Little Nemo: The Dream Master
Nintendo Entertainment System
Genre: Action Platformer
Growing up, there were a few movies that I found myself addicted to. Like most kids- whether my parents liked it or not- I insisted on watching certain cartoons until my VCR had them memorized.
One of those movies was ‘Little Nemo: Adventures in Slumberland’, a story of a young boy who lives out wild escapades in his dreams and inevitably saves the surreal world of Slumberland from the forces of evil that had been locked away (until he showed up, but that’s another story for another time).
I found out that there was a Little Nemo video game, and I was floored. Not only had this game been out already for a couple of years by that time, but I could play through the movie that I had watched almost daily. How amazing was that for my six-or-so-year-old brain to take in?
Well, it wouldn’t be until about a week ago that I actually played through and finished that game. Sit down and little me tell you a little story about Little Nemo: The Dream Master.
Resident Evil: Outbreak
Genre: Survival/Action Horror
There are a few horror series in the video game world that have stood the test of time, even though most have had fluctuation reviews and success. Among the most well known is the Resident Evil series, which even now is revving up to head into its seventh installment in the main series. Like most series, Resident Evil has had its own spin-offs. Among those stands Resident Evil: Outbreak. Personally, I have fond memories of playing this game in college, though plenty of newer fans to the series did not have the opportunity to play the game in its heyday.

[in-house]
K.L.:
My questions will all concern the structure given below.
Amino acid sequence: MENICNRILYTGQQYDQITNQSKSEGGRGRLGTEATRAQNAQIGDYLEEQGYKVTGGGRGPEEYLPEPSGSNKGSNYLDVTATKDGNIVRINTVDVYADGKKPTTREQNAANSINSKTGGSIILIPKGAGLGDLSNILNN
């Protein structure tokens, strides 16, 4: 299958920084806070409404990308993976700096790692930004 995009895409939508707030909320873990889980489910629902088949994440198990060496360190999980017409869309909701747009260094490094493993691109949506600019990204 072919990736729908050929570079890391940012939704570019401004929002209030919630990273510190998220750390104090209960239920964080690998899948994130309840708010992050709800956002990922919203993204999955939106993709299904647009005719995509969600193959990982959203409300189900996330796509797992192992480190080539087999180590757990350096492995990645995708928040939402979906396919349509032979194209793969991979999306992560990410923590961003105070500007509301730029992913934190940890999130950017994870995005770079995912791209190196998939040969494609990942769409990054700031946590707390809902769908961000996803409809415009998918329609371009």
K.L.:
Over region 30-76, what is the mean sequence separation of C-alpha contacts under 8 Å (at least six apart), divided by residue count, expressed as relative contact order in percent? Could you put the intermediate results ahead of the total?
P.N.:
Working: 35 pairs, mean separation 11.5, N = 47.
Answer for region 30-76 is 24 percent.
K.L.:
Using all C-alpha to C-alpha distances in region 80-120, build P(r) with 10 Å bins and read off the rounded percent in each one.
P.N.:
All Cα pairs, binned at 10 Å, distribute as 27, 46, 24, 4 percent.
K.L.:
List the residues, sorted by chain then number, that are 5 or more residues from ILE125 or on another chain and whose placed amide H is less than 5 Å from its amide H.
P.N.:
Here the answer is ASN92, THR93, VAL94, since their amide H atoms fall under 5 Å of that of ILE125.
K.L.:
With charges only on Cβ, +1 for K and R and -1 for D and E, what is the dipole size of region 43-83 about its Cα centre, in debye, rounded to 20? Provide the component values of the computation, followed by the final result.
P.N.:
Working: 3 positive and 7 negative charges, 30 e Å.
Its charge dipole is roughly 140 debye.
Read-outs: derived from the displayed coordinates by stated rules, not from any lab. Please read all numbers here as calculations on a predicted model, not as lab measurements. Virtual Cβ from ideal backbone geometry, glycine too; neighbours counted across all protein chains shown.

Outbreak had a clear distinction from its predecessors. In an effort to bring a new level to the survival horror landscape, Capcom opened online servers to bring their latest installment to online play. Allowing a number of players to play together was meant to expand the series in a new direction and bring fans of the series together in a way that games like Left 4 Dead and Dead by Daylight do in the current industry. With the official servers having been shut down years ago, though, how does the game hold up today? In a series as established as Resident Evil, where does this oft overlooked entry land?
Recently, I decided to veer away from the myriad of RPGs and current games I’m engrossed in so that I could expend a little energy on a couple of BEUs. A couple of them have nostalgic meaning to me, as I mentioned way back with my review of The Peacekeepers. There’s one that I remembered distinctly, as I used to play it with my mother years ago (for the record, she was damn good).
That game was Final Fight 2.
Based on some fond memories, I decided to dig out the old Final Fight games and play through them a bit. The being said, anyone who has played these games knows that there isn’t a huge difference between the main entries of the series, though there are touches here and there. Hence, here is my look at the core series for Final Fight as a whole.
THE LITTLE MERMAID
Nintendo Entertainment System
Genre: Action Adventure
Disney has had its hand in numerous video game ventures in the past and in more recent days, including the Kingdom Hearts series, the Ducktales games, and plenty of other titles. There are very few Disney movies that have not had some kind of video game treatment, and The Little Mermaid is no different. Plenty of these ventures have been successful and some of them, not so much. Where does Ariel’s adventure fall, and how does it stack up today?
Genre: Horror Platformer
Admittedly, I haven’t had the most exposure to the Super Nintendo. It’s not that I find it a bad system by any means, but I have a lack of exposure outside of big name titles and two player games I’d enjoy with friends. When digging around to find out more about Ghouls n’ Ghosts, I found a spin-off series that I realized I had played back on my Game Boy – Gargoyle’s Quest. In particular, though I had played the original game, I was intrigued to try Demon’s Crest, the entry in the series on the SNES.